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Sixty seconds on . . . the contact tracing app

BMJ 2020; 369 doi: https://doi.org/10.1136/bmj.m1818 (Published 04 May 2020) Cite this as: BMJ 2020;369:m1818

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  1. Gareth Iacobucci
  1. The BMJ

Another NHS app?

I know it seems like we’re hearing about a new one every week (particularly with such an “appy clappy” health secretary) but this one has a very specific purpose.

Covid-19 . . . ?

Got it in one. This week, a new contact tracing app is being piloted on the Isle of Wight, before being rolled out more widely later this month. The free app is a key part of the government’s track and trace strategy for limiting a second wave of the virus.

How does it work?

It tracks when users come into contact with each other on an automated basis, using bluetooth technology. If someone using the app develops covid-19 symptoms, disclosing this could trigger an anonymous alert to anyone they’ve recently had contact with (if they’re also using the app).

Will this be an easy Ryde?

Not exactly. Cabinet minister Michael Gove said the government hoped more than half of households on the Isle of Wight would download the app. Ministers estimate that if around 56% of the population—or about 80% of people who own a smartphone—do this, the virus can be suppressed.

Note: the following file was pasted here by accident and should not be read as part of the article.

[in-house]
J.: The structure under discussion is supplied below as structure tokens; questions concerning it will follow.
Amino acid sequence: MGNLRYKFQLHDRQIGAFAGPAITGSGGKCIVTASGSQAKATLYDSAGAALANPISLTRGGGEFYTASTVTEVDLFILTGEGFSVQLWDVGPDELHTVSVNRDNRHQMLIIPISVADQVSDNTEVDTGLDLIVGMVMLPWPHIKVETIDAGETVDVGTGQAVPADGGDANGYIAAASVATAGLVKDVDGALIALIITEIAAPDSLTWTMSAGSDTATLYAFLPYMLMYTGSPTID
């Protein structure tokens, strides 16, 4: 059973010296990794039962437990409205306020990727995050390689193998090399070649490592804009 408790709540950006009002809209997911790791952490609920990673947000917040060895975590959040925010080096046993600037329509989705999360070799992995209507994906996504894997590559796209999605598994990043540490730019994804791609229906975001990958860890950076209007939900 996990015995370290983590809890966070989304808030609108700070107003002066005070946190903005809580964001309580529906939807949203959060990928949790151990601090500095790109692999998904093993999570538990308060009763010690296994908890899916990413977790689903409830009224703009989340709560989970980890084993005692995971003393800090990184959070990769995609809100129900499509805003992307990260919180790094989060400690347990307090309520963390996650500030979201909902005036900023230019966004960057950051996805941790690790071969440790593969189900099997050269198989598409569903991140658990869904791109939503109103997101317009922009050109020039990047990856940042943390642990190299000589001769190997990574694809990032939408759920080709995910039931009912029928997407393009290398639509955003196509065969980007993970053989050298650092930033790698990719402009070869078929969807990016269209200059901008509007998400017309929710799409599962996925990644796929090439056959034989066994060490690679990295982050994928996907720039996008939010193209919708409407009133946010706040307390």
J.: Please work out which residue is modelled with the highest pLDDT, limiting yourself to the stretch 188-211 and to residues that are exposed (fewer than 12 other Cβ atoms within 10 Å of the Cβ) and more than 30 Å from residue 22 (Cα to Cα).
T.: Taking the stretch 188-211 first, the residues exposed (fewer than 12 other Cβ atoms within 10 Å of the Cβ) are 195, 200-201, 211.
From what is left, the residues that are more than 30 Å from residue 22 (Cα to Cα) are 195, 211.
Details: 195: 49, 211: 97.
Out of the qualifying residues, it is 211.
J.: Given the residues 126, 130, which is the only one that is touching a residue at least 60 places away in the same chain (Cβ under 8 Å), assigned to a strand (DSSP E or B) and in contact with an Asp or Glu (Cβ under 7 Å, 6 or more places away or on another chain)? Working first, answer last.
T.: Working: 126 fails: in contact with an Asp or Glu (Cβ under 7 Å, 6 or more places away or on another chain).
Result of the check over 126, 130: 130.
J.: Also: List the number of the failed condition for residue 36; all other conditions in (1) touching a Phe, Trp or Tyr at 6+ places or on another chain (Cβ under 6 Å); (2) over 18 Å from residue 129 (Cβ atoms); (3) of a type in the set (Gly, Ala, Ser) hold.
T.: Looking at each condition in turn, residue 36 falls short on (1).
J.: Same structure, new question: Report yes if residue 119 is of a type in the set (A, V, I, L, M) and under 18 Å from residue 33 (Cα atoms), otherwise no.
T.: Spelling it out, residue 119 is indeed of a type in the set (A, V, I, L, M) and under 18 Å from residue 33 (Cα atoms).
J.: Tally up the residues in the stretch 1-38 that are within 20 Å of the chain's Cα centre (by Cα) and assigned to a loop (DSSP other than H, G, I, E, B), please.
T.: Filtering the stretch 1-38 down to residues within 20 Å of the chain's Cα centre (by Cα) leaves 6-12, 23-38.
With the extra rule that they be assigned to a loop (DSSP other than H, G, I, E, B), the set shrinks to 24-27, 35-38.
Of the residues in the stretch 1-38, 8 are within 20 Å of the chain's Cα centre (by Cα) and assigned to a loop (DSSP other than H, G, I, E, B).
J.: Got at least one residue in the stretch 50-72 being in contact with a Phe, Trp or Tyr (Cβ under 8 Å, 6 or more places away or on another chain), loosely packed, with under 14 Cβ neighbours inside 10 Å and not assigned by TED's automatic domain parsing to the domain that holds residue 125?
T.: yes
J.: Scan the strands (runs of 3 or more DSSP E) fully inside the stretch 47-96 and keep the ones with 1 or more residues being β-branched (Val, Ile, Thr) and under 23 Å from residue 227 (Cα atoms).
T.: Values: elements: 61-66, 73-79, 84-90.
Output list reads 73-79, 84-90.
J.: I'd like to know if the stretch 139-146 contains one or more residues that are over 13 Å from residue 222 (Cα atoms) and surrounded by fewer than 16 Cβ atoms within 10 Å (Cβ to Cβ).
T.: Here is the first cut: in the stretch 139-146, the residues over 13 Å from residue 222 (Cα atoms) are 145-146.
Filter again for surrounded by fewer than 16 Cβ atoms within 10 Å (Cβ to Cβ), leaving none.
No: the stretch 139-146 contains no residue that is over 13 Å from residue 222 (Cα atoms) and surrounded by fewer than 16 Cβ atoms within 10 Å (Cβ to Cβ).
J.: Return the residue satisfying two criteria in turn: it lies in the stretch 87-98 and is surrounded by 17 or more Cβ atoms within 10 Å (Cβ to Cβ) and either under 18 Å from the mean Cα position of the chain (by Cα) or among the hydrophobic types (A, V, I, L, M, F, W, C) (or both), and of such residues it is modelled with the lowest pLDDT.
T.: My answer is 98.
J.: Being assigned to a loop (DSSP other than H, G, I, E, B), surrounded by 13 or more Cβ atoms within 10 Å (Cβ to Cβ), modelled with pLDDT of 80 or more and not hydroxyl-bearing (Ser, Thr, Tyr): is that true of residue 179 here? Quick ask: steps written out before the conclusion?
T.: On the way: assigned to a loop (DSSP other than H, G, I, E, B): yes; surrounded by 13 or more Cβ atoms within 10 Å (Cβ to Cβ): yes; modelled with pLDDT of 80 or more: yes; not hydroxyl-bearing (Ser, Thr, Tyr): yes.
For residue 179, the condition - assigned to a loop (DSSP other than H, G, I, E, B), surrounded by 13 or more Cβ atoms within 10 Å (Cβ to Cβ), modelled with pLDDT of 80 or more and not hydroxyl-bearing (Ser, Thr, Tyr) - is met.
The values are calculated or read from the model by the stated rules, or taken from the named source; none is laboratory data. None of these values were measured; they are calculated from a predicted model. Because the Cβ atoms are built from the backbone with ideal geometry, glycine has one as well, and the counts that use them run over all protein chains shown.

What if it’s lower? Wait until the Cowes come home?

Even if take up is lower than this threshold, the government still believes that the spread of the virus could be slowed. If it can demonstrate this on the Isle of Wight, it’ll seek to channel this success back across the water.

But not everyone has a smartphone

This is true, and the Labour party believes this is a flaw in the government’s plan. There are also concerns around privacy and security, with some worried about how much access the government and potentially third parties will have to our personal data.

Could the government do contact tracing without an app?

There is the more traditional public health approach involving telephone calls and old fashioned legwork, and the government has promised to recruit 18 000 people to do this type of manual contact tracing. But given its recent track record of delivering on numerical promises, we should probably check whether these people are actually doing contact tracing or just “have the capacity” to.

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